Subsistence and Cultural Planning


"The cultural thing is what I am talking about. How do you incorporate the Native philosophy into your rules and regulations? How do you preserve a lifestyle? How do you keep from destroying a culture? This is really, to me, where its at ..."2
Cliff Black, 1974


As we have seen, subsistence in our region continues as a way of life that is truly the heart of our culture. This way of life has been changing since our first contact with white people. Looking back over the past 100 years we can see that a great deal of change has certainly taken place. But watching as the changes take place day by day, a little here a little there, it's almost impossible to see the changes happen.

From one day to the next it is hard to see that we depend a little more on store-bought things, that our children may be speaking a little more English, that as we earn money there is a little less time for hunting and fishing. But every once in awhile we notice that things are different than they used to be. Things aren't the same anymore. So it happens, year by year, we change a little as individuals. Generation by generation, we change somewhat as a people. Then we look back and find that a great deal of cultural change has taken place without our knowing what was happening.

If we can't see just how the change is happening, how can we decide—as the changes come, moment to moment—if we want the changes?

And often when we do make clear decisions to make a change, try something new, there is no way of telling what may come from that change until it has already taken place. A person may try a new kind of job to get more money and then after a while he finds he got some things he didn't expect. Sometimes a person will find himself frustrated in the new situation that he thought was going to be great because there were unexpected pressures on the job, maybe problems being away from home. It may happen all of a sudden Ôthat he realizes that this isn't what he expected. How did it happen? This isn't what he wanted.

We have seen villages make the same kind of discoveries about unexpected things. Maybe a village wants a road to the city so it is easier to get to town to shop and have fun. The road is built. It is easier to get to the city. But then it's discovered that the city also comes to the village. More people come to the village, maybe more sports hunters, more traffic—lots of unexpected changes. Maybe people are not happy about how things turned out. But there it is. Things have changed. How did it happen?

Changes took place before the coming of white men. But they took place slowly, gradually over much time. If fish or game began to get scarce in one area, the people could move to another area, take some time and find better places to hunt and fish. If there came to be too many people in one area for the fish and game, the people could take some time to branch off and start a new village. People did not have to worry about carefully watching change, and planning for change. Then there was time for change to take place in a natural, evolutionary way.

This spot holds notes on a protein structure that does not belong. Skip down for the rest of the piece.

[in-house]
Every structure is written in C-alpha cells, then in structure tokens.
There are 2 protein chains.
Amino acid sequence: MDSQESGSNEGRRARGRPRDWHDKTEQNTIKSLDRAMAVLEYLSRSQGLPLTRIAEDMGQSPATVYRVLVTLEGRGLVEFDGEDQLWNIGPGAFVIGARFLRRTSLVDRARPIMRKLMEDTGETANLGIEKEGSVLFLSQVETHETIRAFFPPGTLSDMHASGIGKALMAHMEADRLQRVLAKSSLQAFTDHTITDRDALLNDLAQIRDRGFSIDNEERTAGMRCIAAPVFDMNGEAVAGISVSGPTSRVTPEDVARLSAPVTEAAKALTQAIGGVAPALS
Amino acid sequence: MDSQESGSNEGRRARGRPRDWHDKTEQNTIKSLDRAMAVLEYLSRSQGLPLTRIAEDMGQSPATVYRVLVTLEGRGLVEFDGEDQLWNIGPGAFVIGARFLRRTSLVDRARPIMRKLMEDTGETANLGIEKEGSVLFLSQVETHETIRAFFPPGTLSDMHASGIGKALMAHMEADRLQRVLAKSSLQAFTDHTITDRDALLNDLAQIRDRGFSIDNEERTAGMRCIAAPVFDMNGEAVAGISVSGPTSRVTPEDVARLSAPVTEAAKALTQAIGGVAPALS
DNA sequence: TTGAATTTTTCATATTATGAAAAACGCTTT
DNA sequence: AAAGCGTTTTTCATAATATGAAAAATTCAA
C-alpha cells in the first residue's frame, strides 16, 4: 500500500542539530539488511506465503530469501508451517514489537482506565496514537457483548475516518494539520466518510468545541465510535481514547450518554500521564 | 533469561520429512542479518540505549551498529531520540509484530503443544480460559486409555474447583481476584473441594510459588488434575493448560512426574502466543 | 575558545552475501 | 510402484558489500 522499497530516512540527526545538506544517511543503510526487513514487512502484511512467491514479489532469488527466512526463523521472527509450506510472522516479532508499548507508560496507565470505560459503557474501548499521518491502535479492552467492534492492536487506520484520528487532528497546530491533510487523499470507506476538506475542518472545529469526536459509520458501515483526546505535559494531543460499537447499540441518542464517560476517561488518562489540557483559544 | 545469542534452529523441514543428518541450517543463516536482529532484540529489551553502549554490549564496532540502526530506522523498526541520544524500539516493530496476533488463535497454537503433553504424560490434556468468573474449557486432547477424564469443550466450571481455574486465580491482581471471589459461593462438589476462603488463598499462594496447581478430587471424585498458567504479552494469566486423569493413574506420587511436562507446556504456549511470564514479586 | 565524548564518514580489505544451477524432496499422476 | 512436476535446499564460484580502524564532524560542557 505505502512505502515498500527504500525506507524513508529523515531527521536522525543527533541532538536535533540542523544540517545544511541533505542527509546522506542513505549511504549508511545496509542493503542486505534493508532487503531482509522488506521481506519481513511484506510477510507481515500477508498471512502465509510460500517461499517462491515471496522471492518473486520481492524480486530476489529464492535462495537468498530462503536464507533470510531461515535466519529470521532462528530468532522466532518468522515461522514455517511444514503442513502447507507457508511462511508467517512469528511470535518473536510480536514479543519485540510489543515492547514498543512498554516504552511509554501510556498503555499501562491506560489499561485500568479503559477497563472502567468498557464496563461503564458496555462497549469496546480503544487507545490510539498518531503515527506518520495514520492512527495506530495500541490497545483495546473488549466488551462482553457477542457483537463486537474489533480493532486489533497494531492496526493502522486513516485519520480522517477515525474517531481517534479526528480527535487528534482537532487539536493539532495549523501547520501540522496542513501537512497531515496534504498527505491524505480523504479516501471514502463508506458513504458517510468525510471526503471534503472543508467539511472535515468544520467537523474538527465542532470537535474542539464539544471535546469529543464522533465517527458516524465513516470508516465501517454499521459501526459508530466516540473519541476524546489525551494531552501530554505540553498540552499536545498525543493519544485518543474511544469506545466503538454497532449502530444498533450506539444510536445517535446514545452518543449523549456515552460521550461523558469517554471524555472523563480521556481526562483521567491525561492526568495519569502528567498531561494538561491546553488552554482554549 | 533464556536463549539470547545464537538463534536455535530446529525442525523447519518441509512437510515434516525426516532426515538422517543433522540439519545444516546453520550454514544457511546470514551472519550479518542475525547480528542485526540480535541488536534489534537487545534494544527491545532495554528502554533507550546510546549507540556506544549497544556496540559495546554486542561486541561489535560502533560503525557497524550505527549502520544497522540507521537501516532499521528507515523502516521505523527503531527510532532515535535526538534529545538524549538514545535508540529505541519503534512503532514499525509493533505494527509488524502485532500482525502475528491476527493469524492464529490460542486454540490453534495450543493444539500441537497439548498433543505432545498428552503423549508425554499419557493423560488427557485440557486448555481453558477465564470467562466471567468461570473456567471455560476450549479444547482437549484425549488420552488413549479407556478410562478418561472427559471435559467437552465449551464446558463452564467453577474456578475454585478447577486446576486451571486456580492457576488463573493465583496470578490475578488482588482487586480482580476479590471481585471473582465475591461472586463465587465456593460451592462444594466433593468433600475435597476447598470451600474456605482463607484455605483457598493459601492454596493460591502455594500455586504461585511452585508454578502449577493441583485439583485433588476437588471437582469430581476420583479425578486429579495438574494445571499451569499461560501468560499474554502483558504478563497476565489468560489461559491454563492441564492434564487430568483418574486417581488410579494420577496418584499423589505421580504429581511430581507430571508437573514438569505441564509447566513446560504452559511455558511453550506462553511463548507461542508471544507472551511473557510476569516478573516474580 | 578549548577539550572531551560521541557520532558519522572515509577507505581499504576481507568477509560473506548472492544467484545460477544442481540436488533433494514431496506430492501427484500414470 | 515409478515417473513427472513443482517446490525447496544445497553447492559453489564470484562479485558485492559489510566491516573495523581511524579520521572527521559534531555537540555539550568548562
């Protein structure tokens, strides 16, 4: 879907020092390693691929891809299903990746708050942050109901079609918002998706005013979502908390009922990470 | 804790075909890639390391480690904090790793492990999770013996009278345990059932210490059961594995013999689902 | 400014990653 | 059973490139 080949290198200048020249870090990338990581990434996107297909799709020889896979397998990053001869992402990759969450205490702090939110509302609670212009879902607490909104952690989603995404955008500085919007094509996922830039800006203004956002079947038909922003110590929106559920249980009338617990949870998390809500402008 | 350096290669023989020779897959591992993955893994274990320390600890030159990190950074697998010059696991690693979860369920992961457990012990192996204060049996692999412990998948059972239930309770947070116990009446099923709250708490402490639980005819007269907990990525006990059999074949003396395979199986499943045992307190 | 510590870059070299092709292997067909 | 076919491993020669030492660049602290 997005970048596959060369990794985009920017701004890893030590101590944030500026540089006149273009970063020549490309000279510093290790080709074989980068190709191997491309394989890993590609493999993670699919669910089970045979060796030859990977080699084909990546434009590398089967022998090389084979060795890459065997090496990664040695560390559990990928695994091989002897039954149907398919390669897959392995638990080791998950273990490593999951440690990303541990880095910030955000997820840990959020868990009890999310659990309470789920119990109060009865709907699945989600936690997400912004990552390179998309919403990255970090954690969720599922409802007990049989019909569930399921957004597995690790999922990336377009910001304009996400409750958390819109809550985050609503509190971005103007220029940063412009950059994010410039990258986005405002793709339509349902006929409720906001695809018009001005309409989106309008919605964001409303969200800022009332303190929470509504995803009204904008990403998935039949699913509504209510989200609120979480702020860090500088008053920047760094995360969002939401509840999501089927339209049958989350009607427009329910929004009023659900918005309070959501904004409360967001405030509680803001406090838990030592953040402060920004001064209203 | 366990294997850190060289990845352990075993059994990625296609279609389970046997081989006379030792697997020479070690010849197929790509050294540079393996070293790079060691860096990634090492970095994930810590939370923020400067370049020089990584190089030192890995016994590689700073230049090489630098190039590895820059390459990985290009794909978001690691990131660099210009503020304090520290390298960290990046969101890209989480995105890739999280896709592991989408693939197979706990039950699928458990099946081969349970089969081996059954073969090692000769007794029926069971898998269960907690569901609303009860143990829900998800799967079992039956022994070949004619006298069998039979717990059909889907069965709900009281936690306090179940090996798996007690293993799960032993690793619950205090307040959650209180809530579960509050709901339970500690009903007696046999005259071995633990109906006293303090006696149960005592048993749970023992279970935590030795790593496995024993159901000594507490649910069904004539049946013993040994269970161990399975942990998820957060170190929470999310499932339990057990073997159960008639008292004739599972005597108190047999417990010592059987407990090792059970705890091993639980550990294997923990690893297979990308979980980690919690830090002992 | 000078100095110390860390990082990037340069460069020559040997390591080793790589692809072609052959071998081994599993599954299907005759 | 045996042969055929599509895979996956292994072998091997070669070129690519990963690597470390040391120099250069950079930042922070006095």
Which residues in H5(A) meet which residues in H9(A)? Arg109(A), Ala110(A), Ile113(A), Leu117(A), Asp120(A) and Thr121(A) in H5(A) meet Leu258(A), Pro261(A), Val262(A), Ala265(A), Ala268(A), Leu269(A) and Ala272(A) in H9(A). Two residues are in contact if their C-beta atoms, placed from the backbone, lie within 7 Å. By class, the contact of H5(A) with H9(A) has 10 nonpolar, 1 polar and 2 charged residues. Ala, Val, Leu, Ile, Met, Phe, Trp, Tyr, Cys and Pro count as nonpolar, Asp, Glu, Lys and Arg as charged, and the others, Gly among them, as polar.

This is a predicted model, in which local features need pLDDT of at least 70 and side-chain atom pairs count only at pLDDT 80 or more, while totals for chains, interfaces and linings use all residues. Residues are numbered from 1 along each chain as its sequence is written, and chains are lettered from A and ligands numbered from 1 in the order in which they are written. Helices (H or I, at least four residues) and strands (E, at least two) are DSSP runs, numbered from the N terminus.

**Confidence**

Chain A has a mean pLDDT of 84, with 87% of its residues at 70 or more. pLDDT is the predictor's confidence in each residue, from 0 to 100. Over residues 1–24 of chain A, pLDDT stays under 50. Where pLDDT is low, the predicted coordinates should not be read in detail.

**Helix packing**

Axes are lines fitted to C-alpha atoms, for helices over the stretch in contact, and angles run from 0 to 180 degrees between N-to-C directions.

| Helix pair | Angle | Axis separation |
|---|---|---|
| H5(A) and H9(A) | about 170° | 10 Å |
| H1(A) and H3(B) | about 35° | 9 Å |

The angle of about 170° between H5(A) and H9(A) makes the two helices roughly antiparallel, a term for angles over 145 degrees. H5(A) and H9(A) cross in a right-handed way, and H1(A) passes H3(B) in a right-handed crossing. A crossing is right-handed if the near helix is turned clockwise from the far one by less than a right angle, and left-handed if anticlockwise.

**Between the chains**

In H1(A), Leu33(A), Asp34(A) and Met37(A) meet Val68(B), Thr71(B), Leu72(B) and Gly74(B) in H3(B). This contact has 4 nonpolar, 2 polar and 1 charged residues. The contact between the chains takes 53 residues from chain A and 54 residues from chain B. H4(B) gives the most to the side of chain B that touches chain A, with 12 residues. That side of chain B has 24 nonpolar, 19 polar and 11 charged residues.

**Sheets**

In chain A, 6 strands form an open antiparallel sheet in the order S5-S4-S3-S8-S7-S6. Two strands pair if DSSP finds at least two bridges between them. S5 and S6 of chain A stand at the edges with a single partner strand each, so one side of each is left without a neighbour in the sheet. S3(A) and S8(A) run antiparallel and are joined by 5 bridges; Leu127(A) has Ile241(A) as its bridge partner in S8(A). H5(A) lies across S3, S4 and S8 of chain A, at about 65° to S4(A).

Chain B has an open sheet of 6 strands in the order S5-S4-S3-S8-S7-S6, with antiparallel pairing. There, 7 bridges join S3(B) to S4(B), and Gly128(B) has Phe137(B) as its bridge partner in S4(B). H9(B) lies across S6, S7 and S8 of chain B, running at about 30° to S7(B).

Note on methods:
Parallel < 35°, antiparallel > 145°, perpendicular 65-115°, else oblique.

But in this time, changes are happening everywhere, very rapidly. It is a time of unexpected things, and of uncertainty. Unless we are willing to let the changes and the force of Western civilization just sweep us along, we must gain control of this process of change. We have to see how the changes happen. Then we have to decide if we want that change. Then we must keep that change from happening or allow that change to come just in the manner we want it to come.

We must develop a process of comprehensive planning in which the potential impacts of proposed changes are fully evaluated with respect to cultural values and conditions. This will not be easy. But it must be done. It must be done from the ground up, from the people in the villages. And it requires the cooperation of the State and Federal governments.

Creating a Cultural Planning Process

When we suggest developing "cultural planning" we do not intend to break into this process of change with some cultural masterplan which says, "This is what we want. This is the way it should be." Rather, we are looking for a flexible, ongoing method of following and having some control over the process of change. In order for village people to assert their cultural values into the process of change, we must first understand how this process works.

It is not surprising that the modern world has never really come up with a method of keeping track of and planning for a culture in transition. This may be partly the result of Western civilization not feeling it really has a culture of its own that is previous, changing and might be lost. But the Yupik people do have a culture that they live and that they feel is changing.

"Unless we are willing to let the changes and the force of Western civilization just sweep us along, we must gain control of this process of change."

Methods of focusing on and dealing with these changes simply have not yet been developed. The regional corporations have been established to manage the financial wealth of a region. The regional nonprofit organizations focus, for the most part, on health, educational, and welfare programs. The State Department of Education deals with education. The State Department of Natural Resources deals with natural resources. The State Department of Community and Regional Affairs is busy with problems of regional government, boundaries, human and economic resource development.